Robert Downey Jr. has been called many things throughout his career but “racist” is a first, following his remarks about Mexican director Alejandro Gonzalez Iñarritu.
In a video interview with The Guardian last week, Downey Jr. was asked about Iñarritu’s comments in which he likened superhero movies to a “cultural genocide.”
The “Iron Man” actor said that “for a man whose native tongue is Spanish, to be able to put together a phrase like ‘cultural genocide’ just speaks to how bright he is.”
Social media users were quick to accuse Downey Jr. of being racist for his remarks. One woman wrote that she "loved" him until this and hashtagged the word "racist." Another user tweeted at the actor to "keep your racist opinions to yourself."
In a statement from his publicist on Wednesday, the actor said he actually intended to be complimentary with his statement about Iñarritu.
Later in the interview with The Guardian Downey Jr. also said that he respects "the heck" out of Iñarritu and that "a certain level of scrutiny is good" when making films that are so popular — even if it's critical.
"You want to be responsible to the opportunity you've been given," he said.
The reporter also asked Downey Jr.'s "Avengers: Age of Ultron" co-stars similar questions about the glut of superhero movies on the market, though none of their responses were as inflammatory.
"Taken in the proper context of the interview, it is intended to be, and is, complimentary," said Downey Jr.'s publicist Alan Nierob.
Iñarritu's "Birdman," which won Oscars for best picture and best director, takes a darkly satirical look at blockbuster culture in its examination of a past-his-prime actor grasping for artistic authenticity. His film is centered on an actor (Michael Keaton) who cannot shake the voice of his superhero character, and pokes fun at many real-life actors who have participated in the genre, including Downey Jr.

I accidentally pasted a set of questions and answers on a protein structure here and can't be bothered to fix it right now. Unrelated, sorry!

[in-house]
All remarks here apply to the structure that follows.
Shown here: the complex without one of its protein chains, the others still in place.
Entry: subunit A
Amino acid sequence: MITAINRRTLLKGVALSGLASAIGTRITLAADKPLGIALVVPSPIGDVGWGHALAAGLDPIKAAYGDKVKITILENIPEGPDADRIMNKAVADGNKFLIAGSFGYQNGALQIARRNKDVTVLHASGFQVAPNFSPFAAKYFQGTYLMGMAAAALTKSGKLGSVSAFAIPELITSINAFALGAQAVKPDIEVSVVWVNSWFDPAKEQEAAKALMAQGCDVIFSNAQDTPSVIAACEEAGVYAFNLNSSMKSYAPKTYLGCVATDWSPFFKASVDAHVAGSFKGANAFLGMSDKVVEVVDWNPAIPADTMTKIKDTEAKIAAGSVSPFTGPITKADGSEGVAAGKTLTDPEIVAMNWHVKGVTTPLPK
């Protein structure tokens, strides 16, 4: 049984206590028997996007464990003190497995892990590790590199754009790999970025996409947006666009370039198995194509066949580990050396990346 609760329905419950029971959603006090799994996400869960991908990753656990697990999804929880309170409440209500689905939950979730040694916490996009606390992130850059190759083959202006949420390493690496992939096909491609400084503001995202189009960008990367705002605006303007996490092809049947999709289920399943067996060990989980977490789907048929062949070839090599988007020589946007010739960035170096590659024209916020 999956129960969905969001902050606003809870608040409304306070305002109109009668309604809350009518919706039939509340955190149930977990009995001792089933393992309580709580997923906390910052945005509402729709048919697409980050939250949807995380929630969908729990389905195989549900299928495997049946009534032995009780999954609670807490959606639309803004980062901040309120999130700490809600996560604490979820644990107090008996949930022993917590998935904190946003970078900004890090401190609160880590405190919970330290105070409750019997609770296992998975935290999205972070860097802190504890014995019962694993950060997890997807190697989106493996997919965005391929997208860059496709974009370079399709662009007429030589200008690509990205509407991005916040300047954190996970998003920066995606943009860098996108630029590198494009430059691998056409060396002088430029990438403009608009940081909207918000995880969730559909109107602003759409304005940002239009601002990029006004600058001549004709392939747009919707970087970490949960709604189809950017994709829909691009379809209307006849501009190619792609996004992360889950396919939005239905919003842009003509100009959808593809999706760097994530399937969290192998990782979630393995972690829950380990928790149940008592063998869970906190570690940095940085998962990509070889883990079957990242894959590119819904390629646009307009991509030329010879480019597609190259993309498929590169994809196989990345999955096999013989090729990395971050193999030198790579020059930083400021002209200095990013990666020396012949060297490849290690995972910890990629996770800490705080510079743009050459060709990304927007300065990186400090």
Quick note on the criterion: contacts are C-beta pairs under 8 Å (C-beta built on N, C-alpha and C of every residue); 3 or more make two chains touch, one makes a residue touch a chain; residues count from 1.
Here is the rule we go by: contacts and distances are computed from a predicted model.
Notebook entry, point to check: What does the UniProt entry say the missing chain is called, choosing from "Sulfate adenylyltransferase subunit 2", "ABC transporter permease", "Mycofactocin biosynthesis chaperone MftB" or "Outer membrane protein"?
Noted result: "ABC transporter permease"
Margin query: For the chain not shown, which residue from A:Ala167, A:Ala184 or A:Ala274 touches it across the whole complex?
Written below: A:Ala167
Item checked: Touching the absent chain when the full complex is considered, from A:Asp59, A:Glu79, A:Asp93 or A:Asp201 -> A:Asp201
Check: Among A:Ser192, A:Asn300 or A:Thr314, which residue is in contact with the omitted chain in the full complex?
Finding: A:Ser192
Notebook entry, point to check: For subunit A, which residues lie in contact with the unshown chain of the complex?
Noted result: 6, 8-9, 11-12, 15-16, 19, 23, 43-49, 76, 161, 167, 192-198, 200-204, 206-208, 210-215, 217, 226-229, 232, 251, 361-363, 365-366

In an interview with Deadline in October, Iñarritu said that although he "sometimes" enjoys superhero movies, he takes issue when they try to be too profound.
"They have been poison, this cultural genocide, because the audience is so overexposed to plot and explosions and (expletive) that doesn't mean nothing about the experience of being human," Iñarritu said.
A representative for Iñarritu did not immediately respond to request for comment.
The social media response echoed the backlash against Sean Penn months ago when the actor presented Iñarritu with his best picture Oscar by saying, "who gave this son of a bitch his green card?"
Based on reporting by the Associated Press.